Who is performing the testing is another factor to keep in mind, says Sullivan, citing the value of having educated resources on your side. “That means that your key users—the ones you may consider to be your ‘super users,’ who have coding knowledge and really understand the claims process—should be the ones doing the active testing,” she notes.
Ralph D. Burns, president of the HealthSERVE division for SourceHOV, agrees that getting a jump on testing is advantageous to a successful implementation.
“If all vendors drop the new material on you in midyear 2013, when are you going to test and implement it?” he asks. “This needs to begin early and be accomplished in an organized fashion. We’re proponents of establishing a program and applying project planning methodology. There are a lot of moving parts impacting different organizations—both internal and external. A detailed plan consisting of activities, dependencies, and milestone dates needs to be constructed and executed. Something that hospitals may not be thinking about is the need to establish a baseline of workflow processes, costs, and quality that can be tracked and evaluated. These metrics are vital input to knowing if a successful completion of a project has been attained. The problem is that hospitals are putting it off, and they don’t seem ready to attack this. But I can’t emphasize enough that it needs to start now. If one finds that a vendor is lacking in functionality, knowing that today and having a replacement plan in mind is critical as well.”
One of the key discussion topics is the timing of product testing. In general, the sooner, the better, which may be cause for contract renegotiation.
“Organizations are going to want to work with their vendors to negotiate an addendum or a new contract that holds the vendor accountable for producing modifications to their ICD-10 product or service by a certain date,” says Gwen Hughes, director of eHIM for Care Communications. “The healthcare provider may want to require a software vendor to deliver updated software well in advance of the October 2013 implementation date so that it can be installed, interfaced, and tested.”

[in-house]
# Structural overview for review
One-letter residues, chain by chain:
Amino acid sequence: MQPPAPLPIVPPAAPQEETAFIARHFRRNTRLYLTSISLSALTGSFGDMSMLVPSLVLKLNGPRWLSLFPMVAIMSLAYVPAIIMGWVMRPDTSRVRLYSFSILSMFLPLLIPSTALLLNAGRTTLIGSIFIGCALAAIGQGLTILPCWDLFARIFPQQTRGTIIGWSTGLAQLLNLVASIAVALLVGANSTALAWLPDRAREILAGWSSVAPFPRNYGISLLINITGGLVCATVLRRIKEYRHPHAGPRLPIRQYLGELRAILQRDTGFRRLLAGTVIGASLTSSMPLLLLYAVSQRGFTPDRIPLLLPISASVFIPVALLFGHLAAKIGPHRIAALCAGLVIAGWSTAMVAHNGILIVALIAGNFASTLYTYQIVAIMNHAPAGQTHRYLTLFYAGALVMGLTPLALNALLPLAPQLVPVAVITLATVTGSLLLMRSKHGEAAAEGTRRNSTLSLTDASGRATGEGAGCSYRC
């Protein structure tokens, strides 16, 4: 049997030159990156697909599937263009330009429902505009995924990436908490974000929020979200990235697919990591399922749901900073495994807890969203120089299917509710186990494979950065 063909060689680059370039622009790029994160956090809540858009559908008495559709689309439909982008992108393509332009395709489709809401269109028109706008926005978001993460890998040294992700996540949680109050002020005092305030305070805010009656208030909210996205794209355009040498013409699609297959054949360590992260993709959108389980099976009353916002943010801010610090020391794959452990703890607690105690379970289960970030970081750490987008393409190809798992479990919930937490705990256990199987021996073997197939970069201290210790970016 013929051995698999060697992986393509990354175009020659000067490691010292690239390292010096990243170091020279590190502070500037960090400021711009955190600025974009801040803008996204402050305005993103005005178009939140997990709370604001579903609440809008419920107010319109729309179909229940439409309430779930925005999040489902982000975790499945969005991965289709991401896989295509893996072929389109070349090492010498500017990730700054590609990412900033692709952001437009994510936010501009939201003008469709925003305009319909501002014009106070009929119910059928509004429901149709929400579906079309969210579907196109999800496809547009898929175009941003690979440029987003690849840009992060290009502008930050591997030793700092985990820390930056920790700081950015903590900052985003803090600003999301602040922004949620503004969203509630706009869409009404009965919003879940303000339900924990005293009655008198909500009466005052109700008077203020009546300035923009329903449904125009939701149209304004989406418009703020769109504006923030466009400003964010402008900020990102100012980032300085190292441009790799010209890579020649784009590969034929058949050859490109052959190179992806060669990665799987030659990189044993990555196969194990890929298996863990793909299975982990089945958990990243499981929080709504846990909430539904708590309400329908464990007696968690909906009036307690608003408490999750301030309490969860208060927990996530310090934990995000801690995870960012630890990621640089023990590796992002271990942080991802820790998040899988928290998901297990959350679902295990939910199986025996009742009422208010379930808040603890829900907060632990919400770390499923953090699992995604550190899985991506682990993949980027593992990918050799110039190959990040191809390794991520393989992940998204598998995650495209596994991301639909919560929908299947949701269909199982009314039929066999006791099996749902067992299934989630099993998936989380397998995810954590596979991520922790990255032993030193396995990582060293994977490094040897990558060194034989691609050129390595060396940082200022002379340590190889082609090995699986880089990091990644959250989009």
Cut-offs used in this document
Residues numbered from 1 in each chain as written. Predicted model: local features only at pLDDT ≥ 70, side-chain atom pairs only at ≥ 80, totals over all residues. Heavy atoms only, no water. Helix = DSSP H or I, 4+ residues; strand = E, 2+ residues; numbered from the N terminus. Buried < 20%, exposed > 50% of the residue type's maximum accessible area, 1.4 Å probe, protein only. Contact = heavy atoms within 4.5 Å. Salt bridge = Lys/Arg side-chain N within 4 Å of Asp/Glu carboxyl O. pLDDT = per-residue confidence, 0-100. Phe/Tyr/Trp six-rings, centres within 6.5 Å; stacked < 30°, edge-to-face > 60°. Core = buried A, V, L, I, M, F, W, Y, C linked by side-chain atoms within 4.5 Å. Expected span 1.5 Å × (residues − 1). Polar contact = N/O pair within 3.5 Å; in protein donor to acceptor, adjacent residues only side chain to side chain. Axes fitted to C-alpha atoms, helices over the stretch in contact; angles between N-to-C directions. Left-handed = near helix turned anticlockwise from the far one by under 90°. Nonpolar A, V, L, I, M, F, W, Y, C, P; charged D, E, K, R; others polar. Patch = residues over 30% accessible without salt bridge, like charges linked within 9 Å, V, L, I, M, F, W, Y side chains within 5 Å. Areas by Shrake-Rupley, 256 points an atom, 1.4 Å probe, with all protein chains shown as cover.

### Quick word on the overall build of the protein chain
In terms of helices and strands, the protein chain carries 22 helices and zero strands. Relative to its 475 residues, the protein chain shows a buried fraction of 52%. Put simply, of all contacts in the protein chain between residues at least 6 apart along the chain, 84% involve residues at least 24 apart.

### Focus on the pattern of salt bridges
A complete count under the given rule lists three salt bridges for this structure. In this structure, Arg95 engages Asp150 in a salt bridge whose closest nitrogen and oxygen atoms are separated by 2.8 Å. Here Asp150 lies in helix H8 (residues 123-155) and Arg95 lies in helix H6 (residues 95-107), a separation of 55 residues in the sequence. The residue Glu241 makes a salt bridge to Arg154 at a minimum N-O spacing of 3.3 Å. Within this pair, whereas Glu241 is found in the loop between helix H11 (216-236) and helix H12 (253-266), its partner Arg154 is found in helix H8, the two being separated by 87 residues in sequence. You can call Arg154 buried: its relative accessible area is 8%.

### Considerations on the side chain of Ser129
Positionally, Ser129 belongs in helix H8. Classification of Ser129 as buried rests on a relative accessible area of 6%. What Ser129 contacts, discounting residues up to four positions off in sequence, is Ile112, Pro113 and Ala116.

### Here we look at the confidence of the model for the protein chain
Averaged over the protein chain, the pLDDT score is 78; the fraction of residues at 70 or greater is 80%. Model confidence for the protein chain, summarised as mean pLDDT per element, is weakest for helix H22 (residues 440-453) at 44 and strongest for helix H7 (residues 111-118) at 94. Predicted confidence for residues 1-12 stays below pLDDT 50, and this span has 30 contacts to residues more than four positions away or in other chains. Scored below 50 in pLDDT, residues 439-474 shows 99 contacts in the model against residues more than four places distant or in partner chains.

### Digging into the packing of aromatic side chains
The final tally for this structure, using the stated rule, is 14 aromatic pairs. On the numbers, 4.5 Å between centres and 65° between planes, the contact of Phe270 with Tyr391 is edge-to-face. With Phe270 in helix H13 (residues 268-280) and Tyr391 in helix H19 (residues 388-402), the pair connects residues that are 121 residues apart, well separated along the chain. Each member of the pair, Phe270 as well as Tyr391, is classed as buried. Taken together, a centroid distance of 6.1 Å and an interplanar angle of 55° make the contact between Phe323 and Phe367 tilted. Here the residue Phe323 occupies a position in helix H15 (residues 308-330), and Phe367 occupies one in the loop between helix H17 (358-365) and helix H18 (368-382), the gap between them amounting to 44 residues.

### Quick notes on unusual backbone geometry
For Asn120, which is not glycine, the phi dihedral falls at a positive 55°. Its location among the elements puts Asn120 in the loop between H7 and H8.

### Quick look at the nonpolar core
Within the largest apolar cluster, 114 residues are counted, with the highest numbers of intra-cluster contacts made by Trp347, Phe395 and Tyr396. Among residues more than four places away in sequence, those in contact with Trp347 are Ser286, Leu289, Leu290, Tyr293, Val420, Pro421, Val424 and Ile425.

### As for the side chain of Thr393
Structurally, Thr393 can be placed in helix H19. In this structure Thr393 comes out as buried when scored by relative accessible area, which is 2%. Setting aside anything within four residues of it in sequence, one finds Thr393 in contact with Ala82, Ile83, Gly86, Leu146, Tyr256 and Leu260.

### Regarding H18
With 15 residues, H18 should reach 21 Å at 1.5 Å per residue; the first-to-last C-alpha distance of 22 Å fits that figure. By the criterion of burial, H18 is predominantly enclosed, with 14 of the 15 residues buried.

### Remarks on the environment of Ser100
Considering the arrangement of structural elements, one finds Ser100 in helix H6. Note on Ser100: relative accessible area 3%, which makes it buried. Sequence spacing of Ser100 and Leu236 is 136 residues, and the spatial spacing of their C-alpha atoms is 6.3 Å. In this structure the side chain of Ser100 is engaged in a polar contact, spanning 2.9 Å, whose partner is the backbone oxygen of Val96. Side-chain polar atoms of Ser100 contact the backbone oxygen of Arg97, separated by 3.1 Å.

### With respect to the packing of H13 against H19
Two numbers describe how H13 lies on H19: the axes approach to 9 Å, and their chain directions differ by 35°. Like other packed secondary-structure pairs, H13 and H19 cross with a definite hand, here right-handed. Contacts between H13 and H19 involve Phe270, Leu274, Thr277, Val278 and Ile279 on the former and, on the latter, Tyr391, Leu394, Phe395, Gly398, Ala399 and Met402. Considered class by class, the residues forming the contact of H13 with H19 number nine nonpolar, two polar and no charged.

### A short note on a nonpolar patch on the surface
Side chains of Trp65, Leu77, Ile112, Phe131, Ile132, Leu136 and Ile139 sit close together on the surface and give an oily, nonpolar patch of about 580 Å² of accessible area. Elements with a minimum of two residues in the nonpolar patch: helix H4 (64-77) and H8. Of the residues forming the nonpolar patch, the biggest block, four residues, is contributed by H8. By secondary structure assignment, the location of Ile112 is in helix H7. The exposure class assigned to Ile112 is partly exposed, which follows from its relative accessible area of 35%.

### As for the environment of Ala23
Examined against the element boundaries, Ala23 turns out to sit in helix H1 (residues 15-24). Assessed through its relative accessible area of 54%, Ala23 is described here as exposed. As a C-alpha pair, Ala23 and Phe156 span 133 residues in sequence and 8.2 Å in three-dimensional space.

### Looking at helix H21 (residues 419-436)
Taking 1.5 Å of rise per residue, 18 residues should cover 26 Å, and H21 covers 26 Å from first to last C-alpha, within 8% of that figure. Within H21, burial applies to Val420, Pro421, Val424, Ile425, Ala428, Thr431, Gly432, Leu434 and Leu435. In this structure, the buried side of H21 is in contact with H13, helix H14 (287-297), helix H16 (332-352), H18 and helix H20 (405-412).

Actually, ICD-10 conversion may not necessarily be covered in a vendor contract, making an open dialogue even more critical. Providers are advised to examine the details of existing contracts to determine what modifications need to be made.
“In a lot of vendor contracts, where there’s a compliance component, it may not be specific to ICD-10,” says Burns. “It may say that vendors will maintain software compliance with whatever the current regulations are at the time. But with something as big as ICD-10, where it is necessary to operate in both an ICD-9 and an ICD-10 environment for a period of time, compliance probably comes with a price tag.”
Besides setting a timeline, a contract addendum should include penalties if the vendor’s product is not completed by the agreed-upon date. “I’m not a person who likes to think of beating someone with a stick for noncompliance, but the consequences to an organization for not being ready are truly enormous,” says Hughes. “I’m suggesting penalties to hold the vendor accountable for meeting agreed-upon delivery dates that offset the financial burden to the provider if the vendor delay causes cash flow problems.”